Van Dough can’t stand Richie because the kid is just like his father, only more so, like when Richie convinces the board to cut their own salaries rather than fire employees at the underperforming factory. In honor of the 90s, the last decade when you could talk about public figures without appending a political party affiliation behind their name, I’m attempting to keep this apolitical. But the Riches really are the Reaganite ideal billionaire, looking after the little guy at least as often as they tweak their self-portraits carved into the mountain overlooking the town.
If you prefer the rich portrayed as humanoid flesh suits surrounding void spaces where souls normally should reside, then Blank Check is the movie for you. Remember how all the bad guys could be identified in Richie Rich because they were mean to the people working for them? In Blank Check being an asshole is the default behavior expected of anybody with money, anybody pretending to have money, or anybody with vague prospects of getting money. Leona Helmsley would fit right into this movie if it didn’t mean giving a second sizable speaking role to a woman.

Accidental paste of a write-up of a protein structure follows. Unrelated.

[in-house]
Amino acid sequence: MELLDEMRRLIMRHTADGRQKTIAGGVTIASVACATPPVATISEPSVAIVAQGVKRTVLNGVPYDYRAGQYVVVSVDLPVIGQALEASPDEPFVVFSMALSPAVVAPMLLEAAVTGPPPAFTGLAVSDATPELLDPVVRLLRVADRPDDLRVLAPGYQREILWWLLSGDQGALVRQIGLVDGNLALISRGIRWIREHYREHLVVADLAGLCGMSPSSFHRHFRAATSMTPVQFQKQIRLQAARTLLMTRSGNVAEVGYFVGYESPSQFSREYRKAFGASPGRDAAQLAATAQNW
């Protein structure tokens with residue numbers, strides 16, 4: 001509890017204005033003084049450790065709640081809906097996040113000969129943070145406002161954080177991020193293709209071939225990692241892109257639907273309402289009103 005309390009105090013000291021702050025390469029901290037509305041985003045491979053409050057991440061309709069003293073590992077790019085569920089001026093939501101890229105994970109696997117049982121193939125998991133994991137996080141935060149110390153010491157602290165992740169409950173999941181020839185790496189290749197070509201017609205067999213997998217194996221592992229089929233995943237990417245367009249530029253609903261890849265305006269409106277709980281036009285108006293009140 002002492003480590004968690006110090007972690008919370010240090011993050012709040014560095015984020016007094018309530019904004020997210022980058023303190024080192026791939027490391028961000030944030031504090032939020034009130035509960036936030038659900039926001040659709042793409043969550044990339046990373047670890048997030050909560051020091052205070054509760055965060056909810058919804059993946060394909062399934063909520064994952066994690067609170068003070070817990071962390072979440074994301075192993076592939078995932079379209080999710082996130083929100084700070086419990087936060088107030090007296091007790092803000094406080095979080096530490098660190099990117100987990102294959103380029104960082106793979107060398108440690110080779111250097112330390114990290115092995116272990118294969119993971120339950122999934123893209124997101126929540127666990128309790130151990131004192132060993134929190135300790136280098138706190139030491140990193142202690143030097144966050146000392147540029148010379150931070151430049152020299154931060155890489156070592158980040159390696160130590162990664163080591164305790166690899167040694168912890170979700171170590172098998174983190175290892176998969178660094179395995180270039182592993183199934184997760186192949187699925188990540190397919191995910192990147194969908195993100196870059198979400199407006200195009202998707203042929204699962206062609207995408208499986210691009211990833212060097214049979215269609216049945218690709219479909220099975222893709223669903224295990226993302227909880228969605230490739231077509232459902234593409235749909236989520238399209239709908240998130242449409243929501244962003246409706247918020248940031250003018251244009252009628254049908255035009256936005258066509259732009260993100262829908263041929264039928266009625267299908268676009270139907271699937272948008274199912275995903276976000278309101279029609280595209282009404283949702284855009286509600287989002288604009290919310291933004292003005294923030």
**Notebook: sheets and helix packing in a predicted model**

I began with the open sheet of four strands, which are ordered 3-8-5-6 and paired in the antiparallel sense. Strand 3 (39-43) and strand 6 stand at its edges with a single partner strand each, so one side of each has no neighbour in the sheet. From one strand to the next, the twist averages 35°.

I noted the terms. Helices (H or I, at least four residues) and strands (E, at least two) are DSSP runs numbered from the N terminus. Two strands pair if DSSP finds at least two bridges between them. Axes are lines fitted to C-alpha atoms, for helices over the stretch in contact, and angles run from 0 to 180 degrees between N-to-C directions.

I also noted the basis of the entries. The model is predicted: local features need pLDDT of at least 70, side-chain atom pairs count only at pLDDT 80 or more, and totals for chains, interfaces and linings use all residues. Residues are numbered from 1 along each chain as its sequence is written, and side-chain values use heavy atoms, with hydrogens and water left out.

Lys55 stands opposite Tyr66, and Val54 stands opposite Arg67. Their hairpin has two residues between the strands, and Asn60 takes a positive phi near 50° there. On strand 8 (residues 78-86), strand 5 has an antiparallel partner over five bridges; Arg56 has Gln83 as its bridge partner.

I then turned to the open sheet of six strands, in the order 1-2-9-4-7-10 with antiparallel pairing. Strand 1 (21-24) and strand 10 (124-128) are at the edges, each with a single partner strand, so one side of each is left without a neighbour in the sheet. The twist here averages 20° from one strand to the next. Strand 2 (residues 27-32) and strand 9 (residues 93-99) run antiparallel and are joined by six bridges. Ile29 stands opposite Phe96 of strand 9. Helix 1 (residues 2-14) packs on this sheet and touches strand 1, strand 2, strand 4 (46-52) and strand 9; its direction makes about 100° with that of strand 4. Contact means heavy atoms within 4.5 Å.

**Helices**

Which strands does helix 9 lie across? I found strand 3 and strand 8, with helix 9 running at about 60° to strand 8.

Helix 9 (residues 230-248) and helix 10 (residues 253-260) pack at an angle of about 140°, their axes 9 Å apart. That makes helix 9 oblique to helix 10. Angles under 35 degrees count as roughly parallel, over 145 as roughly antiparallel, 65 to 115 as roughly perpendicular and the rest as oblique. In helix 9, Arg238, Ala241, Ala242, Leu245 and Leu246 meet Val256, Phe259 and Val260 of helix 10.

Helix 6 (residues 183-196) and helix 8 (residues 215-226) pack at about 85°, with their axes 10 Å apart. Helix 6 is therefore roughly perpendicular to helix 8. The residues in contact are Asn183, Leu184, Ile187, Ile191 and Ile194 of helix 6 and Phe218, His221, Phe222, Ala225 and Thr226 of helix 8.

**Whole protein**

To summarize quickly – because I spent a good chunk of my week considering this movie and there’s no reason we should both suffer – Blank Check is the story of Preston Waters (Brian Bonsall), a 12-year-old kid who is rudely kicked out of his room by his older brothers when they need a home office for their new business and state-of-the-art Macintosh computer. Preston is understandably miffed and complies a birthday wishlist where he asks for (1) his two brothers to be “knocked off,” (2) his own house, (3) a girlfriend, and (4) the biggest birthday party ever. When ruthless gangster Quigley (Miguel Ferrer) backs into Preston’s bike and hurriedly hands him a blank check for the damages, the lad uses the opportunity and the Macintosh to fill in a kingly sum of one million dollars. He’s given the money when the gangster’s crooked banker mistakes Preston for a go-between in their laundering scheme.